When we make the difficult decision to place an elderly loved one in a nursing home, we rightfully expect that the facility staff will treat them with the utmost respect and care. Unfortunately, this does not always happen, and devastating instances of nursing home abuse and neglect can take place. When this is the case, elderly individuals might not only suffer physical trauma, but emotional turmoil as well through no fault of their own.
At Peck Ritchey, LLC, we believe that negligent and abusive nursing home staff members and administrators should be held accountable for these despicable actions. As such, our experienced team is dedicated to seeing that those responsible for perpetrating instances of abuse and neglect are held accountable for any and all harm they inflict on those in their care.
Nursing Home Abuse Cases We Handle
Nursing home abuse and neglect can take many forms, and at Peck Ritchey, LLC, our team is ready to put their experience to work in cases involving:
- Physical Abuse
- Sexual Abuse
- Bed Sores
- Medication Errors
- Financial Abuse
- Alzheimer’s Mistreatment
Nursing home staff members have an enormous responsibility to give our loved ones the best care possible. When they fail to uphold this responsibility, taking legal action may be necessary. At Peck Ritchey, LLC, we have the experience necessary to guide you through your legal options. We believe that elder abuse and neglect cannot be tolerated and as such, we are committed to helping you in your fight for justice.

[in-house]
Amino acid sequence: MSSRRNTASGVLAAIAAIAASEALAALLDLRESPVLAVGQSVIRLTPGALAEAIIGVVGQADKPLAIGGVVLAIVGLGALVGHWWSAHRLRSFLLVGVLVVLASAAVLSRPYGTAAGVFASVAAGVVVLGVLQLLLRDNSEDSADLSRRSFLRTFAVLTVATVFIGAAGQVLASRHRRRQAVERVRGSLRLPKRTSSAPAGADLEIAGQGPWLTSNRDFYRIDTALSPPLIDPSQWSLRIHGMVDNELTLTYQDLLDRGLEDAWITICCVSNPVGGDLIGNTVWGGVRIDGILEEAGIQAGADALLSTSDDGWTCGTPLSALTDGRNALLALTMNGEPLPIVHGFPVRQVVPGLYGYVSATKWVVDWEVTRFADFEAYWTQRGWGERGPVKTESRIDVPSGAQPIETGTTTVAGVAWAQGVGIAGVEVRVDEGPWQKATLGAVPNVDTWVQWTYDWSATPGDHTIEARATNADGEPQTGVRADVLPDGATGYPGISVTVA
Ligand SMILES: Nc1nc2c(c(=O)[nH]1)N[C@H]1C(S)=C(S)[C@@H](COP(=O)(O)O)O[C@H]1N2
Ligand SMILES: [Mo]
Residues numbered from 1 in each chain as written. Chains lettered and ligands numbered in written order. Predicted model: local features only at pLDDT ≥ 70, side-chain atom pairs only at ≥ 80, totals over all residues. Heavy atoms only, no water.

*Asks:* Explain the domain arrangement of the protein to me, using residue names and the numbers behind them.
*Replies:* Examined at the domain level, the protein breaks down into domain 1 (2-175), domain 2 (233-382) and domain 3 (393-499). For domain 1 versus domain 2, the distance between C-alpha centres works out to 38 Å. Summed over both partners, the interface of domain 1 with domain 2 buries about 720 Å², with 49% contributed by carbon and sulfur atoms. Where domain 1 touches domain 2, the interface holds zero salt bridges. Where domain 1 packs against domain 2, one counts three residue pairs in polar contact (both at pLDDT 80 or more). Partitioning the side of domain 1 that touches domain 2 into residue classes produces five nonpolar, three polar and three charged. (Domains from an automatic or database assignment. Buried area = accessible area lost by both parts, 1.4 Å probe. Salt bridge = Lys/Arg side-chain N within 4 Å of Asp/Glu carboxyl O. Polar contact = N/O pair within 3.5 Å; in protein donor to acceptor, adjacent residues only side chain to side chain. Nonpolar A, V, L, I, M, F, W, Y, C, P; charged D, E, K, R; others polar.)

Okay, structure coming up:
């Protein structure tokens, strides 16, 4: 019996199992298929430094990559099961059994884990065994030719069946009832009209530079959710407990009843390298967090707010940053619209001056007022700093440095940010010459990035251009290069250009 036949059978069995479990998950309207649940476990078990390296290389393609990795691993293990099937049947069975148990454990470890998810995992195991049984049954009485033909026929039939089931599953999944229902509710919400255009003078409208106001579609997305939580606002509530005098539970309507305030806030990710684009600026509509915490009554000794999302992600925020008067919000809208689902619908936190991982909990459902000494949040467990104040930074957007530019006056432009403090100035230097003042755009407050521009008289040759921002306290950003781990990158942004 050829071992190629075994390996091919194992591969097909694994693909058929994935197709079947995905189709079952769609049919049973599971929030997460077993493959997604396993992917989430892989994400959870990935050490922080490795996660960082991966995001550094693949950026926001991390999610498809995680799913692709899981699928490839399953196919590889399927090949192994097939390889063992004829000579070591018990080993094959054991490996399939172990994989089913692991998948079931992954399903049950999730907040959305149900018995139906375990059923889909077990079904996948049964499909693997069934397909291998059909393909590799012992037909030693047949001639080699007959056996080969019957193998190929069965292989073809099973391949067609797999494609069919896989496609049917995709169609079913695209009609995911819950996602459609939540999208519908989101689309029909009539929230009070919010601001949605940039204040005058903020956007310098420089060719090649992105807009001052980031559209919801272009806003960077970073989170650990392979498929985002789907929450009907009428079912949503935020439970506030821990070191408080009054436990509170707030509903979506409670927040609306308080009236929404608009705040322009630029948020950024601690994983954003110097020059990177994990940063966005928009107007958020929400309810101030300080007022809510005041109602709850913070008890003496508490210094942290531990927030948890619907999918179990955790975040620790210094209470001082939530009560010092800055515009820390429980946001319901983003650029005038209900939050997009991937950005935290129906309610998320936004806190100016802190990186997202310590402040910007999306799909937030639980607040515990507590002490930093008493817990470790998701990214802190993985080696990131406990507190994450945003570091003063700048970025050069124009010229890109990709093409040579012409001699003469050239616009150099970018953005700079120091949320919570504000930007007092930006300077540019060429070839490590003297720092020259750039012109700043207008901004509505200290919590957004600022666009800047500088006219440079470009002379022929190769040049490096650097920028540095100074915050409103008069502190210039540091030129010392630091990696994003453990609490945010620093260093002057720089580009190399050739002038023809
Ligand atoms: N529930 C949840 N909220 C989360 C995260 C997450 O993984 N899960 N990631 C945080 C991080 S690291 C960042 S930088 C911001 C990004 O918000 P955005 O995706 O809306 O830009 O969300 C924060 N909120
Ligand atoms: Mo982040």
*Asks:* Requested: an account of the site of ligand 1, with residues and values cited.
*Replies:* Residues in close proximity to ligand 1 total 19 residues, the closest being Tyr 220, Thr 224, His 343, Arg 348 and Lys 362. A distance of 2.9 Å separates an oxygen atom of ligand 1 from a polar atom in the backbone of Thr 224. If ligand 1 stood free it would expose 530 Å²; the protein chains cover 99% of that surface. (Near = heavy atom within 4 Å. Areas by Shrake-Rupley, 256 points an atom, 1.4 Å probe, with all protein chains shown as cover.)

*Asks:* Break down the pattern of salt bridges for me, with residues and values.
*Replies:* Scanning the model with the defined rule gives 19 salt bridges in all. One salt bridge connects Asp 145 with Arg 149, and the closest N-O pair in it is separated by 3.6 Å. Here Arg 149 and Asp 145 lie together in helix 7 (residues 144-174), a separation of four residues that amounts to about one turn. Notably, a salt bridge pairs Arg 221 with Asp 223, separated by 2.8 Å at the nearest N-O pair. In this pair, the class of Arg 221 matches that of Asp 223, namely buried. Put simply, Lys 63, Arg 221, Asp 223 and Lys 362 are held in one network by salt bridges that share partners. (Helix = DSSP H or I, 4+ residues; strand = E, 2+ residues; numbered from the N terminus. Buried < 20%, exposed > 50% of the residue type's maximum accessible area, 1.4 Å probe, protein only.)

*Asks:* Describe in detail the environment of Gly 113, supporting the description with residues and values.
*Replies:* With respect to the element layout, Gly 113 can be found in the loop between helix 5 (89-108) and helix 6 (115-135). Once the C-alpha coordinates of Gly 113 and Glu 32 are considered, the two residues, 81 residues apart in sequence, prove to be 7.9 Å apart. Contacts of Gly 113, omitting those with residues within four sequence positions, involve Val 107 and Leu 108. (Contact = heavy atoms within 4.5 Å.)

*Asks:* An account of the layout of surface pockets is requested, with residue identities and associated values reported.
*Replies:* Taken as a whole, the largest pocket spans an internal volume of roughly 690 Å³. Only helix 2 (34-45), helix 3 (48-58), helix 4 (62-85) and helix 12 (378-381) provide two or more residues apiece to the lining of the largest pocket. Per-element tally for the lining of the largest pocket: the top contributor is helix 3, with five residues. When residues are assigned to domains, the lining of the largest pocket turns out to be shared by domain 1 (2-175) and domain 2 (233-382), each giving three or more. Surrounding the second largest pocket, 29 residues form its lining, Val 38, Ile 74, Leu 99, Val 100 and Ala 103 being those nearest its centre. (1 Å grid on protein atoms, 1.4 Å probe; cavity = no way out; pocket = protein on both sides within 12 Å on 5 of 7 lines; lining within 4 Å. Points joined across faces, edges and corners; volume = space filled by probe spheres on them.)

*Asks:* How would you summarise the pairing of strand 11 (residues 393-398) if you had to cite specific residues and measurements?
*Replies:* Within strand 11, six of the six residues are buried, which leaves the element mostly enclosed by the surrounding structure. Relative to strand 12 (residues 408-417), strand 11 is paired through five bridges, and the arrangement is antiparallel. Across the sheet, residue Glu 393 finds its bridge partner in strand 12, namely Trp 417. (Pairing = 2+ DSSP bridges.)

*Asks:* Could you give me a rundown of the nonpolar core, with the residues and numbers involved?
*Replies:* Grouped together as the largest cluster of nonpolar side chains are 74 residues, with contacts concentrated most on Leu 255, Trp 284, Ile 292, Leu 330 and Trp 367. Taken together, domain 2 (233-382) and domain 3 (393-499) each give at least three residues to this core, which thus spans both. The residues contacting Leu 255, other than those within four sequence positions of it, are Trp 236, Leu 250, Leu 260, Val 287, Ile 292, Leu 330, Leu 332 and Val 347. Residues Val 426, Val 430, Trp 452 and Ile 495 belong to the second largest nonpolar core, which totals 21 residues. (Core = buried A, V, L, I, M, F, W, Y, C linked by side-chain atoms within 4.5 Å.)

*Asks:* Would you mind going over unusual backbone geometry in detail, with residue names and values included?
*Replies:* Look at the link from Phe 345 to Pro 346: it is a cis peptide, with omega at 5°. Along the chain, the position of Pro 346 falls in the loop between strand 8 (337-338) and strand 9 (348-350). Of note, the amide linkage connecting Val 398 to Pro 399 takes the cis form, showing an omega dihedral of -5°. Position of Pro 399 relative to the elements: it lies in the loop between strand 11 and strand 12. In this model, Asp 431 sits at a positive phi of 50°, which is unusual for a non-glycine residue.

Warning Signs of Nursing Home Abuse
Abuse doesn’t always leave tell-tale marks or bruises. Sometimes the signs of nursing home abuse are more subtle. Recognizing these warning signs as soon as possible gives your loved one a fighting chance to escape an abusive situation and break the cycle. Too often, individuals suffering abuse are unable to speak up. In many situations, abusers purposely choose victims with physical or cognitive limitations. Opting for that type of victim makes getting away with their crimes easier because they know the abused person doesn’t have the ability to complain or communicate. These victims are powerless to combat their abusers and rely on the keen observations of friends and family members to expose the abuse.
In other situations, loved ones may be bullied or threatened into silence. They may also fear retaliation from the abuser if their situation is ever revealed. Not only are these victims abused, but they also live in constant fear. This state of heightened anxiety can severely impact an elderly resident’s mental well-being and can lead to emotional and psychological disturbances.
While nursing home abuse is frightening, there is something that friends, family members, and other residents can do to help stop abuse. They can learn to spot the warning signs. Some of the most common warning signs of nursing home abuse include:
- Unexplained bruises, cuts, or other marks
- Frequent or unexplained falls
- Frequent or unexplained infections and illnesses
- Significant and unexplained changes in a medical condition
- Bloody sheets or underwear
- Poor hygiene
- Unchanged clothes and bedlinens
- Unchanged bandages
- Suicidal thoughts or actions
- Refusal to cooperate with certain staff or caregivers
- Withdrawing from family and friends
- Withdrawing from favorite activities
- Sudden change in appearance
- Changes in appetite or sleeping habits
Common Causes of Nursing Home Abuse